• Gets 176 votes against 96 received by PML-N chief
• Ruckus forces NA speaker to suspend proceedings for 15 minutes
• New PM vows to carry out strict accountability
• Will take oath at President House today
ISLAMABAD: Elected by the 15th National Assembly on Friday, Prime Minister Imran Khan vowed to carry out “strict” accountability in the country and ruled out any deal with the corrupt, offering “cooperation” to the opposition parties in their quest to prove charges of poll rigging before the Supreme Court or the Election Commission of Pakistan.
The historic second democratic transition after the five-year term of the previous government was, however, marred by noisy protests of the opposition members of Pakistan Muslim League-Nawaz (PML-N) and cheering by scores of Pakistan Tehreek-i-Insaf supporters who tried to storm into the house galleries, including the press gallery.
In his victory speech to a packed house amidst an unprecedented and prolonged protest by the PML-N members, a besieged Mr Khan adopted an aggressive posture and even challenged the opposition to dare hold a 126-day sit-in like the one the PTI had staged in 2014 against the alleged rigging in the 2013 general elections. “Make noise as much you can. Come out on streets and stage a sit-in. No one can blackmail me and no one will be able to do that,” said Mr Khan to the protesting opposition members.
As soon as NA Speaker Asad Qaiser announced that the cricketer-turned-politician had secured 176 votes to be elected as the country’s 22nd prime minister, the assembly gave a look of a stadium with noisy sloganeering from the visitors’ galleries, which were packed with PTI workers and supporters. Sloganeering by supporters of the PTI and the opposition PML-N was so intense that no one could hear Speaker Qaiser’s voice when he declared that Shahbaz Sharif had bagged 96 votes through the parliamentary mode of open division — by recording one’s preference in a register placed in different lobbies rather than by secret ballot.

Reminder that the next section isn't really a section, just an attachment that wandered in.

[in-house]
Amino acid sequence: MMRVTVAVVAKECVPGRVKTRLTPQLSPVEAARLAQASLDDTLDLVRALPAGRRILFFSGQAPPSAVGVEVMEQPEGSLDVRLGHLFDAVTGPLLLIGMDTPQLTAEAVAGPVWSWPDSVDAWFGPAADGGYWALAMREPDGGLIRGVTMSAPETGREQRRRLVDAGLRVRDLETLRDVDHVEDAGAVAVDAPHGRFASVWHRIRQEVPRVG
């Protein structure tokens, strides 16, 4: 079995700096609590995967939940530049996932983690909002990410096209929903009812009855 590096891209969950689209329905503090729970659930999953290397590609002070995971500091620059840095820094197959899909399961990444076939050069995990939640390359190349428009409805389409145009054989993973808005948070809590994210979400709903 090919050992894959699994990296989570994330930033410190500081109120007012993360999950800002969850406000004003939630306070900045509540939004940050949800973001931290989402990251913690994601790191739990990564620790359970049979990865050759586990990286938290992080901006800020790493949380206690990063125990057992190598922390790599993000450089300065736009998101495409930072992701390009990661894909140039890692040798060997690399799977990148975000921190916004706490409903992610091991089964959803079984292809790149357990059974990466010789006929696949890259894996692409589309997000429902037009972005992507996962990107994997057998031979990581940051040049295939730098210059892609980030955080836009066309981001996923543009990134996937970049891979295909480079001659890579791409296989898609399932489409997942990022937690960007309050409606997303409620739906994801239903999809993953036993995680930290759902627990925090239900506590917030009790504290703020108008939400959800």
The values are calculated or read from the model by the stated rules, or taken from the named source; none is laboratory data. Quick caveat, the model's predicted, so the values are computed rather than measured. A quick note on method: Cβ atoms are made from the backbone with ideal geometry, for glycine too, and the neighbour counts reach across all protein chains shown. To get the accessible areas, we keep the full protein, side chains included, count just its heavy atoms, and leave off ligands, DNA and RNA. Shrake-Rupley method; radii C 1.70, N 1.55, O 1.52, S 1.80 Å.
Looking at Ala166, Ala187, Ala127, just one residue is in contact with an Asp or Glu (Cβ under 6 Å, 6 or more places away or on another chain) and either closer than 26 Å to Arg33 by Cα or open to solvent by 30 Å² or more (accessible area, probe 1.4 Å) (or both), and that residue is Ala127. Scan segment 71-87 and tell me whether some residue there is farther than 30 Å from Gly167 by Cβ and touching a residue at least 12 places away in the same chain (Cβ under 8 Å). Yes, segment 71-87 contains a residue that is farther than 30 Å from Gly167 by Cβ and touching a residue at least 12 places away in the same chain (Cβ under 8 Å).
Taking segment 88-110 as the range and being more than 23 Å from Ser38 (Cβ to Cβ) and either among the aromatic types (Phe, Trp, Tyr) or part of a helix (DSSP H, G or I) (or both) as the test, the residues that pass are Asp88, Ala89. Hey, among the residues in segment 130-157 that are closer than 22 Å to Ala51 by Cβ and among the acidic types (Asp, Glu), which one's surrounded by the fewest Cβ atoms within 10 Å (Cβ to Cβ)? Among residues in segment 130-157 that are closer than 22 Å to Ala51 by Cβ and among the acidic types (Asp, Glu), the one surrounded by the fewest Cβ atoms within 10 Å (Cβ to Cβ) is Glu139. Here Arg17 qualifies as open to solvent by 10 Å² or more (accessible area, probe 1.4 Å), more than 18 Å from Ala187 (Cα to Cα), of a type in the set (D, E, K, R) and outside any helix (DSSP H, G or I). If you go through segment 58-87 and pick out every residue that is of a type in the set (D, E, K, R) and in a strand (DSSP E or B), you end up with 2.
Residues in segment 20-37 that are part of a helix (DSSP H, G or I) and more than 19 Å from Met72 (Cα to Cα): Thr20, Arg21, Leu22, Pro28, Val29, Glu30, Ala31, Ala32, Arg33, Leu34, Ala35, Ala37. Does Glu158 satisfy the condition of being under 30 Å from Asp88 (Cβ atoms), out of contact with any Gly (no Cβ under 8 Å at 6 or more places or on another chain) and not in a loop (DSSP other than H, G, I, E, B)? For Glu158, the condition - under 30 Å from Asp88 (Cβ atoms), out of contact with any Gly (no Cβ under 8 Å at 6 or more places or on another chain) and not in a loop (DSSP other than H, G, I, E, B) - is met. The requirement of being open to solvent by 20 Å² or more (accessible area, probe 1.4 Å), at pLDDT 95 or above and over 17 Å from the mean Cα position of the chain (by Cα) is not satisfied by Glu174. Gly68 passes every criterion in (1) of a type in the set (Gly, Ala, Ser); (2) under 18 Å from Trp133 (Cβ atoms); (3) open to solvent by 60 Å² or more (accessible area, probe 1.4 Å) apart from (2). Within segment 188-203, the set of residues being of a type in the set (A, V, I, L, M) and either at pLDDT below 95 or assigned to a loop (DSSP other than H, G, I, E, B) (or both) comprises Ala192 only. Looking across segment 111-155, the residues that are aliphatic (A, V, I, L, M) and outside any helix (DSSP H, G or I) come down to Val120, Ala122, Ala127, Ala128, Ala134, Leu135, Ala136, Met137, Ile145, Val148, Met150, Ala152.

Besides 151 votes of his own party, Mr Khan also received votes from the Muttahida Qaumi Movement-Pakistan (MQM-P), Grand Democratic Alliance (GDA), Balochistan National Party (BNP), Pakistan Muslim League-Quaid and one-man parties — Awami Muslim League and Jamhoori Watan Party.
However, Pakistan Peoples Party (PPP) members as announced earlier abstained from the voting following the PML-N refusal to replace their candidate for the PM office. The PPP members also distanced themselves from the PML-N’s protest despite having the same complaints of pre- and post-poll rigging about the general elections. The PPP refused to vote for Mr Shahbaz despite agreeing on a formula during a multi-party conference, citing the reason that they could not vote for a person who had used derogatory language against their leadership in the recent past.
Also, the one-member Jamaat-i-Islami (JI) announced to abstain from voting. However, the Jamiat Ulema-i-Islam (JUI-F) — the main component of the 15-member Muttahida Majlis-i-Amal (MMA) — voted for Mr Sharif as per their commitment.
Wearing black armbands, the PML-N members gathered in front of the Speaker’s dais and raised full-throated slogans for nearly 45 minutes forcing a powerless speaker to suspend the proceedings for 15 minutes without formally asking Mr Khan to occupy the official seat of the prime minister.
The opposition members raised slogans like Jali Wazir-i-Azam Namanzoor (fake prime minister unacceptable); Vote Chor (vote thief); Khalai Wazir-i-Azam Namanzoor (alien PM unacceptable) and Vote Ko Izzat Do (honour the vote). Instead of PTI MNAs, PTI workers from the overflowing galleries responded to the protesting PML-N members by raising slogans like Wazir-i-Azam Imran Khan and Adiala, Adiala in a reference to the central prison in Rawalpindi where PML-N supremo and ousted prime minister Nawaz Sharif is serving jail term in the Avenfield properties reference.
After having failed to bring order to the house, the chair finally suspended the proceedings for 15 minutes as PTI’s Shah Mehmood Qureshi succeeded in persuading other opposition leaders to come to the speaker’s chamber in an effort to bring down the temperatures. Some PML-N members, however, kept sitting on the stairs in front of the official chair of the prime minister. The PML-N also boycotted the meeting at the speaker’s chamber that was attended by the representatives of all other parties in the house.